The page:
Dear St. Paul’s family,
Our former staff member David Tremaine recently published a version of this letter on the diocesan network. It’s a helpful reflection on our lifelong work of formation. Enjoy!
Your sister in Christ,
Penny
What is Formation? 
The first question to ask when defining what we are doing in “Formation” is “Who and what are we Forming?”
The work of formation is the ongoing, life-long, and life-wide work of forming disciples. It is the work we are all doing all the time in trying to live fully into our identity as those who follow Jesus in the world today, in our words and actions. 
When we talk about discipleship, we are talking about formation, because it is both what we are forming and that into which we are being formed. 
If you want an example of formation, look no further than the gospels, because Jesus was doing the work of forming disciples. And how did he go about doing this? Teaching, yes, but also prayer, scripture reading and interpretation, caring relationships, exploring the faith tradition, service to others, actively seeking justice, and engaging in ritual action and the feasts of the Jewish calendar.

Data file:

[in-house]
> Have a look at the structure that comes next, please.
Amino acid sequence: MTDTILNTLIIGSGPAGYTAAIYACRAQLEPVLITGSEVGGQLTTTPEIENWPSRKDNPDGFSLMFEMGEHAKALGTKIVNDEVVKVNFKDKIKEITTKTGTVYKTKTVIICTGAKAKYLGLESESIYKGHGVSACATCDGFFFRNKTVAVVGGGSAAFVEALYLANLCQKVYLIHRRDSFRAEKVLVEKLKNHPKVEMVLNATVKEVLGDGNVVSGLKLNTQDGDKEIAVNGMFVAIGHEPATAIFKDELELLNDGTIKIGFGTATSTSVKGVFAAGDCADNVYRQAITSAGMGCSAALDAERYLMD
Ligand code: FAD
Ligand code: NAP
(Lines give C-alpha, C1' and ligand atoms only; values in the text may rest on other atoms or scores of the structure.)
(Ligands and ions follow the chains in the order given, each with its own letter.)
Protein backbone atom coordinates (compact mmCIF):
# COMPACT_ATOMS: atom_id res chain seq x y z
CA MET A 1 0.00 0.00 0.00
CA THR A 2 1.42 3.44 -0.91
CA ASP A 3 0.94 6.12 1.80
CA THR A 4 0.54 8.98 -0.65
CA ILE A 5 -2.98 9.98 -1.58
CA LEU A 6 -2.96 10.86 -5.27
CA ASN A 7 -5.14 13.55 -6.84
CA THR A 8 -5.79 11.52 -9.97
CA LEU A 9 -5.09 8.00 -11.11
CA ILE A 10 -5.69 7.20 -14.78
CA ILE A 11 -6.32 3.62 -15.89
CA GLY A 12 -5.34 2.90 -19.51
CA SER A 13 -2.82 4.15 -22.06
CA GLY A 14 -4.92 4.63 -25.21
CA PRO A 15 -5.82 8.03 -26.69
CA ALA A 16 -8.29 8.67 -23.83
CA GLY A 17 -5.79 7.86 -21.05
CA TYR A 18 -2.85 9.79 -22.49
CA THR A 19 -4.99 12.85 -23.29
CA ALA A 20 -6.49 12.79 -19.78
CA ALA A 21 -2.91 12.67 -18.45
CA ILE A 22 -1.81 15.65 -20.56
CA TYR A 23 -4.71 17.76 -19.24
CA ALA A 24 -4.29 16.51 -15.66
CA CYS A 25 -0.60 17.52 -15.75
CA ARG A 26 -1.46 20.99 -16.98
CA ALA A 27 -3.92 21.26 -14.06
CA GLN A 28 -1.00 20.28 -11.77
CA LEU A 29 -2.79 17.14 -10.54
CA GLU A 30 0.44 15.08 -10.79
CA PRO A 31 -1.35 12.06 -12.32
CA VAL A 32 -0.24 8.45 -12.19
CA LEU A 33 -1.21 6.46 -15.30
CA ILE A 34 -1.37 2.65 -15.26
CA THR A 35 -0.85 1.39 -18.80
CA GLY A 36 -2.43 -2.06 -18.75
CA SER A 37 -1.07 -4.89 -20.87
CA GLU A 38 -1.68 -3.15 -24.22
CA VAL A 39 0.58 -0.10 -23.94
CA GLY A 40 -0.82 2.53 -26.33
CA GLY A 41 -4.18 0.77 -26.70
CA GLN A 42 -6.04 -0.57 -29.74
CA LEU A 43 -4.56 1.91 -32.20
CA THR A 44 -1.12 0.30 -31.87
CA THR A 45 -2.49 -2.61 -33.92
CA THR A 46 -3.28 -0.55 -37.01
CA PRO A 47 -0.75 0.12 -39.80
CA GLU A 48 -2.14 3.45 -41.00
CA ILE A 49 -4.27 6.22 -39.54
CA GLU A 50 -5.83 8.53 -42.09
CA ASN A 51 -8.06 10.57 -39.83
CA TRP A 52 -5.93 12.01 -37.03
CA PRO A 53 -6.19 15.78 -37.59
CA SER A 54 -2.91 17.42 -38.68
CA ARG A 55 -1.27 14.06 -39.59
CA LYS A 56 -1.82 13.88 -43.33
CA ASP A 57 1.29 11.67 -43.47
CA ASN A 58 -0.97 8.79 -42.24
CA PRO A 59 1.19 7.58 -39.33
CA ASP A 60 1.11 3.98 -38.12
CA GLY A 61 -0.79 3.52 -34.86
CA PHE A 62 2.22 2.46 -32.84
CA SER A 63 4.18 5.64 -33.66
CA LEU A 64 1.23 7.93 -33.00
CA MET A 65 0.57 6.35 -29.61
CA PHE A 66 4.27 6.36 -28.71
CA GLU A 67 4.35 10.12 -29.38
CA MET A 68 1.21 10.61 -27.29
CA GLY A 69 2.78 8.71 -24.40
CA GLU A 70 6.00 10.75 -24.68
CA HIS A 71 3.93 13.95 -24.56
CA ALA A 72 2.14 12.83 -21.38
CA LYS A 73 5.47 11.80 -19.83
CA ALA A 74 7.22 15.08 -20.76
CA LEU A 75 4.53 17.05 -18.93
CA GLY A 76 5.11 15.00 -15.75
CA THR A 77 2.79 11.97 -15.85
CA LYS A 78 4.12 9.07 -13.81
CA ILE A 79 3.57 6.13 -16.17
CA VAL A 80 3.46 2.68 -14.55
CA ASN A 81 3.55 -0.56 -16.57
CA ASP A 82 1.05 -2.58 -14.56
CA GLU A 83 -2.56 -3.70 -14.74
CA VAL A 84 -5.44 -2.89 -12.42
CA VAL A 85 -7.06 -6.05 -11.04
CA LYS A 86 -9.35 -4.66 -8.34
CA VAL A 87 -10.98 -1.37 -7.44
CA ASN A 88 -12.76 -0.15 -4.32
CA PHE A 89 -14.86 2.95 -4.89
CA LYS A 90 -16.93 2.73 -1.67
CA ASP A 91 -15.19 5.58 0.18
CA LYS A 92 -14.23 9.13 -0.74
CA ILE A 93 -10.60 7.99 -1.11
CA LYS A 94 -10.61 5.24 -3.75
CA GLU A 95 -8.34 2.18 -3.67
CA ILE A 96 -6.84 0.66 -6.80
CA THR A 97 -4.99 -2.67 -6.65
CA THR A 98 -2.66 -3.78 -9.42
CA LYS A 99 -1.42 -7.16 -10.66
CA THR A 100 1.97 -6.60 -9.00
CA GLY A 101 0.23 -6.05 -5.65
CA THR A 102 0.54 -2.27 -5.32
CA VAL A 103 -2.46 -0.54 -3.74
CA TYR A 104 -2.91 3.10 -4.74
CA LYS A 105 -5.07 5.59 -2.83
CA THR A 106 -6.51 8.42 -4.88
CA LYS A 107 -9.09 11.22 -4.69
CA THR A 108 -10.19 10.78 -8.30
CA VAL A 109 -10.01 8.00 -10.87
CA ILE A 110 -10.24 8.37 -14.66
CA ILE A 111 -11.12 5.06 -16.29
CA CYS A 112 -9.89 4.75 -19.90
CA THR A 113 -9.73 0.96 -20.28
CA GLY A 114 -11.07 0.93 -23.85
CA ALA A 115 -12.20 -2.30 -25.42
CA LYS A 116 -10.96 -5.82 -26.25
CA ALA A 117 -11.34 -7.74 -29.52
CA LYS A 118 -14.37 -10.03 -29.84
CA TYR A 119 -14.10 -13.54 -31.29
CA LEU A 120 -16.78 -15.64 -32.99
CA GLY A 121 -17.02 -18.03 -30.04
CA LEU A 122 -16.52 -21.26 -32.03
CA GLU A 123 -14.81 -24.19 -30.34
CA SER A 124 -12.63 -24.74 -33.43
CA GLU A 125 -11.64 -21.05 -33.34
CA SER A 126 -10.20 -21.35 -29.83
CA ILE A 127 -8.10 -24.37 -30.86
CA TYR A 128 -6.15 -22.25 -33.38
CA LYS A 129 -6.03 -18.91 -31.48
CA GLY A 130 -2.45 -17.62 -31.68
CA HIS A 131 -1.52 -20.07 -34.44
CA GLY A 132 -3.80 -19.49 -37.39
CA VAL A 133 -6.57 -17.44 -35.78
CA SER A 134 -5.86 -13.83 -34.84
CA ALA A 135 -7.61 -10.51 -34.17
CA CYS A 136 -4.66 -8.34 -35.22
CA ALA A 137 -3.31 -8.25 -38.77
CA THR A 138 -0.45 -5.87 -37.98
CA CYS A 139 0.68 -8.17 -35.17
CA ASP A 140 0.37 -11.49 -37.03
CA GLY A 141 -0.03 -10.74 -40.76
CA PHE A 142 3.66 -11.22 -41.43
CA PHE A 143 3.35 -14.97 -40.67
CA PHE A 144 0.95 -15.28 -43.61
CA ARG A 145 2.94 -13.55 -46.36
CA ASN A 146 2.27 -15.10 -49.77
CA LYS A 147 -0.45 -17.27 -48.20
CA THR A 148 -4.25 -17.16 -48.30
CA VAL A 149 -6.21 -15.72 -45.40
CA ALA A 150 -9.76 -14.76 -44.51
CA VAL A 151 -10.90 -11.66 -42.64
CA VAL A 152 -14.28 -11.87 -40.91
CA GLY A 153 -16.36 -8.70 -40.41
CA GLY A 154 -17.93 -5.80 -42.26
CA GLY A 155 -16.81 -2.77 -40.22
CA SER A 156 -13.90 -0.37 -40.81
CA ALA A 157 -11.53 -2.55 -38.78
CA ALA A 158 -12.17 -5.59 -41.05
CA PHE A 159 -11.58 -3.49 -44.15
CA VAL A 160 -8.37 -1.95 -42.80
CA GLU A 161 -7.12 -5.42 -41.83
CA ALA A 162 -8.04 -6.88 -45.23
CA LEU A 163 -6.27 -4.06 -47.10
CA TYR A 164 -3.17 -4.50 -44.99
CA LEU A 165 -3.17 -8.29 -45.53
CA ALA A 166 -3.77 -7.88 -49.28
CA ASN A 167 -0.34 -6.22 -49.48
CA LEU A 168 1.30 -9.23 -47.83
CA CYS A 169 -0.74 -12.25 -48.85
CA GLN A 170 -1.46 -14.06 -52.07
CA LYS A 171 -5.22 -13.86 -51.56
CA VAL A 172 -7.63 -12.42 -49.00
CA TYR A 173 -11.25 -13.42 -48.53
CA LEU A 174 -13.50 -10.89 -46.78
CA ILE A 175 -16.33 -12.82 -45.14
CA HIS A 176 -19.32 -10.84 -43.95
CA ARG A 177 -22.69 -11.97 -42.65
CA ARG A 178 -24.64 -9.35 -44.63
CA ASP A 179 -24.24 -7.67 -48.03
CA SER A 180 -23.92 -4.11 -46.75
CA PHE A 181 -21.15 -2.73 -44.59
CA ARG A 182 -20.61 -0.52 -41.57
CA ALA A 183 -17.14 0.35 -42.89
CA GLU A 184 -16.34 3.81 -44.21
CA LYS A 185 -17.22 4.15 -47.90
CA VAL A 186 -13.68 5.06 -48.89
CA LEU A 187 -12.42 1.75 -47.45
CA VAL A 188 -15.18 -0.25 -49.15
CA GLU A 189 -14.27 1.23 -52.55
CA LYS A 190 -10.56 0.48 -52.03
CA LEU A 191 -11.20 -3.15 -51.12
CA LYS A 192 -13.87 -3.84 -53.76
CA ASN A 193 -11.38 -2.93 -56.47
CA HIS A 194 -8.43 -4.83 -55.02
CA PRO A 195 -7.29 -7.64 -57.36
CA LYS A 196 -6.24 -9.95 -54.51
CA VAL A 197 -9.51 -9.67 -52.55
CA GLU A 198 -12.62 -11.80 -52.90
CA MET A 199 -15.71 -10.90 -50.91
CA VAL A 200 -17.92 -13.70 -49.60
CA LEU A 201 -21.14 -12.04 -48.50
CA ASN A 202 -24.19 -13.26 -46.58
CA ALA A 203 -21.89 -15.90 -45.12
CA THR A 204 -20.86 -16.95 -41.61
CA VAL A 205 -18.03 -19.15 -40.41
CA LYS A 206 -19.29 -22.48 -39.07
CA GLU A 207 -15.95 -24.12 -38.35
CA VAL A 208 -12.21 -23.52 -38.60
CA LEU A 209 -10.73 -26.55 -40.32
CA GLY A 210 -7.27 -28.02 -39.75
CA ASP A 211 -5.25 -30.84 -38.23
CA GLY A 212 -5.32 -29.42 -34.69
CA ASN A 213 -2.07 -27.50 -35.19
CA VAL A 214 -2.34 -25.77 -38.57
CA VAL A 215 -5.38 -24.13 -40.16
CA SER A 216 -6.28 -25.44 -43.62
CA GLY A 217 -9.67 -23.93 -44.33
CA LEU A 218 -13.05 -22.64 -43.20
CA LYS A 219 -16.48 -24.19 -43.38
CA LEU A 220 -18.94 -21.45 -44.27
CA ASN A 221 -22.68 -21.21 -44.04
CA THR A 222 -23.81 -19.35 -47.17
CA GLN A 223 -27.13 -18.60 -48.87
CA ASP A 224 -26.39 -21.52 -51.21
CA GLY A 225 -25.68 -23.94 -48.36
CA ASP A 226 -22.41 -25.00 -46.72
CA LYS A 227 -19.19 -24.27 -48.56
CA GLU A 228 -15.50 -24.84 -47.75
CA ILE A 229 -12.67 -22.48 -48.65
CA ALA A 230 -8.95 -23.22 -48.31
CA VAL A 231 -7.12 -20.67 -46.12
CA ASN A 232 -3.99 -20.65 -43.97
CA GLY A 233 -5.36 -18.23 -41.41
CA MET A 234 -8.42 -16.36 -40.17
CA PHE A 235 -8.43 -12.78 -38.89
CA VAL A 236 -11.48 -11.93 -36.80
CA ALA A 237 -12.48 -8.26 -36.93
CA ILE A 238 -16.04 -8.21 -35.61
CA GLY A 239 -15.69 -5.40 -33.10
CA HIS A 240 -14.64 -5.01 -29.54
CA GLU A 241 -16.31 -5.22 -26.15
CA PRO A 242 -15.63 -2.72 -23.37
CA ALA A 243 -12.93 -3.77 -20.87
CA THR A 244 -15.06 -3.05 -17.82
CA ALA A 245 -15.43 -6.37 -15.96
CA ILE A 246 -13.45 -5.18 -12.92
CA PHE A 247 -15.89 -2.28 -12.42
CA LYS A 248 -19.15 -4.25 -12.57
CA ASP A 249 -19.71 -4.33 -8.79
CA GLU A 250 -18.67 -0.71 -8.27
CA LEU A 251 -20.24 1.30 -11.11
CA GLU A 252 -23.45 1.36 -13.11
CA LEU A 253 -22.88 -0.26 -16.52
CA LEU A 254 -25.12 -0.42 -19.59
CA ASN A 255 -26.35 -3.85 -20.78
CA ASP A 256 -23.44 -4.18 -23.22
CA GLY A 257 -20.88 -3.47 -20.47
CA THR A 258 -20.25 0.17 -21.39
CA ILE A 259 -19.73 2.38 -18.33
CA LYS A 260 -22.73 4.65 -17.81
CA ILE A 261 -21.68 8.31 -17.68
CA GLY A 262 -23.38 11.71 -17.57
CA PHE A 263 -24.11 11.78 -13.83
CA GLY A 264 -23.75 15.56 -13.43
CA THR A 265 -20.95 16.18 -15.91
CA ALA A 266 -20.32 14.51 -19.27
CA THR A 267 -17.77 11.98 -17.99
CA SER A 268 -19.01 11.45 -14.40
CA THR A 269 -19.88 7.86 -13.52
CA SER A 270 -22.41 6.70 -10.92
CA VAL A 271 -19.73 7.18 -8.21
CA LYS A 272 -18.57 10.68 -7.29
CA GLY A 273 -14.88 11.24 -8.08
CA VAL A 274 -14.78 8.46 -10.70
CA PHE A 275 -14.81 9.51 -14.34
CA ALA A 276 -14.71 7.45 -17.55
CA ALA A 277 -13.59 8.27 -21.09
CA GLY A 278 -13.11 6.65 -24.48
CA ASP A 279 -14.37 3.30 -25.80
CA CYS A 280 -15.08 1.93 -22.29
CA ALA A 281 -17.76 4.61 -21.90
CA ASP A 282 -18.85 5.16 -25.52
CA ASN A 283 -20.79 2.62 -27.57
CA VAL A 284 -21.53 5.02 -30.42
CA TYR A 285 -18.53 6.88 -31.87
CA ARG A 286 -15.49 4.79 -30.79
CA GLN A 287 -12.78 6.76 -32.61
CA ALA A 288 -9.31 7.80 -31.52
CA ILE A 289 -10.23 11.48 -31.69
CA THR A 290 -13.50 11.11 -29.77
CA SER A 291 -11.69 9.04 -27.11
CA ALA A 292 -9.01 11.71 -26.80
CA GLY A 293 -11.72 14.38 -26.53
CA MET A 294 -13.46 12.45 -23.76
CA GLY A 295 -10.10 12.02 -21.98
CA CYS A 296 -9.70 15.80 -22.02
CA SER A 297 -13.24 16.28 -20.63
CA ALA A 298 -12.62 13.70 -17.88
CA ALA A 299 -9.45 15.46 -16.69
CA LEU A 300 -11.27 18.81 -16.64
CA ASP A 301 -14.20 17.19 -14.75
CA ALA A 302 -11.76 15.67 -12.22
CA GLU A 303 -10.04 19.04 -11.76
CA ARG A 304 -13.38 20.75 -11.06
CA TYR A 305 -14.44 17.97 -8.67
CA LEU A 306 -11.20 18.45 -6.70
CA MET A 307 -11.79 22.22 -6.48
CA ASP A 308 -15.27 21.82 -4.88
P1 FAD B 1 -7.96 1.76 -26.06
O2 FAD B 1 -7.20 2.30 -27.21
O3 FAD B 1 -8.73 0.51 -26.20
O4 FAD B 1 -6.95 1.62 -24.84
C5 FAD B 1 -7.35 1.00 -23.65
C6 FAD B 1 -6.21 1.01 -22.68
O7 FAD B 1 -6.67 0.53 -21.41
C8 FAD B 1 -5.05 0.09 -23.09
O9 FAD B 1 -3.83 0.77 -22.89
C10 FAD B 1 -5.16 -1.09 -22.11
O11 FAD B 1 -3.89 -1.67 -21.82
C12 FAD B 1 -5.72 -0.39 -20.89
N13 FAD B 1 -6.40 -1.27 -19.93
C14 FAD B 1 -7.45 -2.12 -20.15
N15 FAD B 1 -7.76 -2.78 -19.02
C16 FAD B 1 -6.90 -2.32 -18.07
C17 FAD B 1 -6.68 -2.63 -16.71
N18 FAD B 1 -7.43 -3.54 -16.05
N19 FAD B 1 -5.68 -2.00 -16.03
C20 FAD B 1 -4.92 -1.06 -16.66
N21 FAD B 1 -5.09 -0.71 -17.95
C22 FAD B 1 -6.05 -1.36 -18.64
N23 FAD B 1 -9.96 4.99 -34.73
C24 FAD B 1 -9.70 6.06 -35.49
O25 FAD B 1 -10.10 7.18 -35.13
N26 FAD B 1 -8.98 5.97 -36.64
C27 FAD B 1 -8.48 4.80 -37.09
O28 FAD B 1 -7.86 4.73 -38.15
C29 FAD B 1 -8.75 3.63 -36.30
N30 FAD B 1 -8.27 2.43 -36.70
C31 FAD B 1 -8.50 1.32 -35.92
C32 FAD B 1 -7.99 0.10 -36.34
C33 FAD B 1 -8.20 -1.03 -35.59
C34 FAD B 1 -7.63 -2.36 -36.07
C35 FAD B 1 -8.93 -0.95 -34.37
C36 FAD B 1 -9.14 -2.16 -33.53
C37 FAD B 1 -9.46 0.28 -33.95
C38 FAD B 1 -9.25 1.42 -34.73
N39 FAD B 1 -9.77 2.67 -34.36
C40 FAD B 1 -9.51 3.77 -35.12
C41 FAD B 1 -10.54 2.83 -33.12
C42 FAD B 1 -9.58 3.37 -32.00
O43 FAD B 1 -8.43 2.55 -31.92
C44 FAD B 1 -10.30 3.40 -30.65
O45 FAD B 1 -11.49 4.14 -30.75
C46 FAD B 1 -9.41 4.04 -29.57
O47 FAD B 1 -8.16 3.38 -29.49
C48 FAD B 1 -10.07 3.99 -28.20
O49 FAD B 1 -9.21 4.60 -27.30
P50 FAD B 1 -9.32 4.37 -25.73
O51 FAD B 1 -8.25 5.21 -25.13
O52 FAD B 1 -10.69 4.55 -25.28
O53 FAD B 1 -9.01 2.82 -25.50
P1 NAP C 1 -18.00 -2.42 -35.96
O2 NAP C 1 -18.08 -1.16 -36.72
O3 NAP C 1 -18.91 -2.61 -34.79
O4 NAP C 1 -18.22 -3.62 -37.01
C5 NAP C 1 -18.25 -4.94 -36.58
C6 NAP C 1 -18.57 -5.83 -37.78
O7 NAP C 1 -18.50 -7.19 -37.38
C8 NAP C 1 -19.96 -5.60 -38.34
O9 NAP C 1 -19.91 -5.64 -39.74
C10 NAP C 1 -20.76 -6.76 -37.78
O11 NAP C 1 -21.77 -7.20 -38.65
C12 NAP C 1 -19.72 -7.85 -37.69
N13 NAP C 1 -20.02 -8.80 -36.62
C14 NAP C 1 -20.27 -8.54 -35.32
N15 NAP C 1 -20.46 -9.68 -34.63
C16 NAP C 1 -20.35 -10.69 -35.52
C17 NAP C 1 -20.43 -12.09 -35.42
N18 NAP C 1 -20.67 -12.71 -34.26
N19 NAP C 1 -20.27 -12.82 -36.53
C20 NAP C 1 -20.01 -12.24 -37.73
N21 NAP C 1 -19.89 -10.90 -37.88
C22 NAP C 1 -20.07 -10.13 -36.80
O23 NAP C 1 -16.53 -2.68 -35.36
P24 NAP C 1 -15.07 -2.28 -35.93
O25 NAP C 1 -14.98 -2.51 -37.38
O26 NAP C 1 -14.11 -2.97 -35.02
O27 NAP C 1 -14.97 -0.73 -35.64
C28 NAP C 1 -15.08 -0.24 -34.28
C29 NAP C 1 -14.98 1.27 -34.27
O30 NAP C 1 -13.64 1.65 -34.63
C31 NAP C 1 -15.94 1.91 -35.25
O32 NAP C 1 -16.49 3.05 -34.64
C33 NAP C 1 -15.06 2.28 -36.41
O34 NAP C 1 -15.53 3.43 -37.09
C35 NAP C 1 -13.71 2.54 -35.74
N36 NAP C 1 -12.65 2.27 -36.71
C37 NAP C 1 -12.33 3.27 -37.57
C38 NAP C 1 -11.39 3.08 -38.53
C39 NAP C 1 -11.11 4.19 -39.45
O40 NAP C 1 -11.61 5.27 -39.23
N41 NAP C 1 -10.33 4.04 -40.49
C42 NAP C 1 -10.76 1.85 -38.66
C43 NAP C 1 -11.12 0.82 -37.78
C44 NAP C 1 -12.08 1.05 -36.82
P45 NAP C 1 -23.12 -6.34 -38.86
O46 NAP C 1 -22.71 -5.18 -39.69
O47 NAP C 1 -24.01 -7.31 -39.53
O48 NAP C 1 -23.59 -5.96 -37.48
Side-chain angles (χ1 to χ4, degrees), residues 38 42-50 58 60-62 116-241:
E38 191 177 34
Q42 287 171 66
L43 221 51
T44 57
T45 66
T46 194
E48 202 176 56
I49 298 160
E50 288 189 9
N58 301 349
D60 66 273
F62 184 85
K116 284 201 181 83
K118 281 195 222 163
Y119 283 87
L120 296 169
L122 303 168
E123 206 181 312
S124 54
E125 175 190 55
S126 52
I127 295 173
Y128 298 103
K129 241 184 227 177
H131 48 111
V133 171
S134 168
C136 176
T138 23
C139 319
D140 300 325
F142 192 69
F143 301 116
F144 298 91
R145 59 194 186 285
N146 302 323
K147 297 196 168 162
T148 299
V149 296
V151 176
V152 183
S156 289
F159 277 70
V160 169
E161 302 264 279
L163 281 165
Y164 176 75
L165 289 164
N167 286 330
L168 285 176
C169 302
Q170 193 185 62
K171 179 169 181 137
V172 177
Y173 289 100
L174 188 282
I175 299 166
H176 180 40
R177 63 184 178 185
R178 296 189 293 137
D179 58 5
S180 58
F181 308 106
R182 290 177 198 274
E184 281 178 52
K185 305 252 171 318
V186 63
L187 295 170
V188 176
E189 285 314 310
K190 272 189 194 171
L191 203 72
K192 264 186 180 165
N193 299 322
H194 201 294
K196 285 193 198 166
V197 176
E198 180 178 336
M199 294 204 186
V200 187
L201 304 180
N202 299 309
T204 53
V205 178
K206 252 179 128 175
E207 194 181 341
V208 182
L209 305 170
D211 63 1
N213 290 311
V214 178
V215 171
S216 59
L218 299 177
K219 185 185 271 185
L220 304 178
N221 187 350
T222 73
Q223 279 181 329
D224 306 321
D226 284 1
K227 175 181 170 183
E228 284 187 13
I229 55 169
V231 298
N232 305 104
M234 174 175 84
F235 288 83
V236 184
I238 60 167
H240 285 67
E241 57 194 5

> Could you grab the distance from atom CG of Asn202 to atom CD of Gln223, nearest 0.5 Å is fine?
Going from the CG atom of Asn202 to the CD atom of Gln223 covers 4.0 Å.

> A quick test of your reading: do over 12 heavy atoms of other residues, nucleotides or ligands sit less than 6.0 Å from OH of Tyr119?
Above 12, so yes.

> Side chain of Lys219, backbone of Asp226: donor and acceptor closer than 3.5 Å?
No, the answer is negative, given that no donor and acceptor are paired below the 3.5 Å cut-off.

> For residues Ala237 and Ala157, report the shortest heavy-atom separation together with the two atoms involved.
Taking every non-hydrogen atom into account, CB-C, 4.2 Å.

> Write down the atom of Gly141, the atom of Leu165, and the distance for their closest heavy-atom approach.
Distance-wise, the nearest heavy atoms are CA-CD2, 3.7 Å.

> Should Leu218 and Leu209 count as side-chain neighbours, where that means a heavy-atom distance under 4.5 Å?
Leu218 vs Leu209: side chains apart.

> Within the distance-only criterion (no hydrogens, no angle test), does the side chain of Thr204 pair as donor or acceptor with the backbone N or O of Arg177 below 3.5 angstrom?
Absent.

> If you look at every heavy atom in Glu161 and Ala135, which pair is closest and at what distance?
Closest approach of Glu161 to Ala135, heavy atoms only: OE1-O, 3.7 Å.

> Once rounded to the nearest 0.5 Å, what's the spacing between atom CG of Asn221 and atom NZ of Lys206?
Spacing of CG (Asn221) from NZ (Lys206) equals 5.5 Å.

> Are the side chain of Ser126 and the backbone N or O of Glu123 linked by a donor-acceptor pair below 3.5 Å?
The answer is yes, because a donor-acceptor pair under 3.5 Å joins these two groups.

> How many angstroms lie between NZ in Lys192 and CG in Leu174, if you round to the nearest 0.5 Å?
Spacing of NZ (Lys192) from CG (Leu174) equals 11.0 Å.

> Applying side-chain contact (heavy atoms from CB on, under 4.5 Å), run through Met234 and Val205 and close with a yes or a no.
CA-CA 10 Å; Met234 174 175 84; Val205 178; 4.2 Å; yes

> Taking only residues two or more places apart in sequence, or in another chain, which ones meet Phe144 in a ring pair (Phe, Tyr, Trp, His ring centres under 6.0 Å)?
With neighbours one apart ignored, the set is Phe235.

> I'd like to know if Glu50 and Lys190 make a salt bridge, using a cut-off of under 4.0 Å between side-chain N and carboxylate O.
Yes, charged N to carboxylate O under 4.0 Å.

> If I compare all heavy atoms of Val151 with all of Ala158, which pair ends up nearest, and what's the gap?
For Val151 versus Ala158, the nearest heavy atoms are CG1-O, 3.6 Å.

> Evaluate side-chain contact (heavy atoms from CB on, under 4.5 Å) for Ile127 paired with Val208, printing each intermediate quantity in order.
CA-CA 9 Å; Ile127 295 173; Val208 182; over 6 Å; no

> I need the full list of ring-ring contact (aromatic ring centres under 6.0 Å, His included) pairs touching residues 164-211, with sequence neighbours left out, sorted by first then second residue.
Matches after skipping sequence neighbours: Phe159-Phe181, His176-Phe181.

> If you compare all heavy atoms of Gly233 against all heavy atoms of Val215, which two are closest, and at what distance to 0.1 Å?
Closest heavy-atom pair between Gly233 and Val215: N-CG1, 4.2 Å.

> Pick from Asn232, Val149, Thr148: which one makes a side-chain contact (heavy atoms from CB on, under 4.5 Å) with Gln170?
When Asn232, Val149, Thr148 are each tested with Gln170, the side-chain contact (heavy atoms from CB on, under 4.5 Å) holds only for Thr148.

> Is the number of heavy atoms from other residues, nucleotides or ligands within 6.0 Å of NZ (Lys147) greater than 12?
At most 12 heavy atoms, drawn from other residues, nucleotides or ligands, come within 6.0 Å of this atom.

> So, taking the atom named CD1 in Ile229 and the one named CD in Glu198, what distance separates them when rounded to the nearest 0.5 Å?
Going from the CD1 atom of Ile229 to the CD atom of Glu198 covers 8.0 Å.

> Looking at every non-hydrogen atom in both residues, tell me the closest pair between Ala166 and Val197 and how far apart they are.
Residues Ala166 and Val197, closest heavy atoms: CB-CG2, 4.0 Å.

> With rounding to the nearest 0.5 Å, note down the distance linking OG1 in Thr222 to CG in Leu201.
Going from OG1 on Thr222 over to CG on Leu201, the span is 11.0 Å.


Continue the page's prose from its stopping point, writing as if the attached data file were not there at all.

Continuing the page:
Thus, we have tried to be intentional in these last few decades about moving from “Christian Education” or “Religious Education” to “Formation,” because while teaching and learning are vital parts of our formation as disciples, they are not all of it. 
Sunday school, forums, and seasonal classes are part of formation, but they are not all of it. 
Formation is about cultivating intentional offerings to help us reflect on and support all of the ways we are being formed as disciples.
This includes educational forums and class offerings, but also Bible study, small groups, worship, celebrating the liturgical calendar, engagement in rituals and marking milestones, serving others, and works of justice. It is an active engagement of not just the head, but equally of the heart and the hands. Formation is the active work of discipleship and then the intentional exploration of and reflection on that work which in turn continues to form us as disciples. 
This is the work of Formation, work God calls us to take part in each and every day. It is both joyful and challenging, and is itself one of the many ways we continue to follow Jesus on the path he has set before us.
David Tremaine
Diocesan Formation Committee Chair; Minister of Formation at Good Samaritan Episcopal Church

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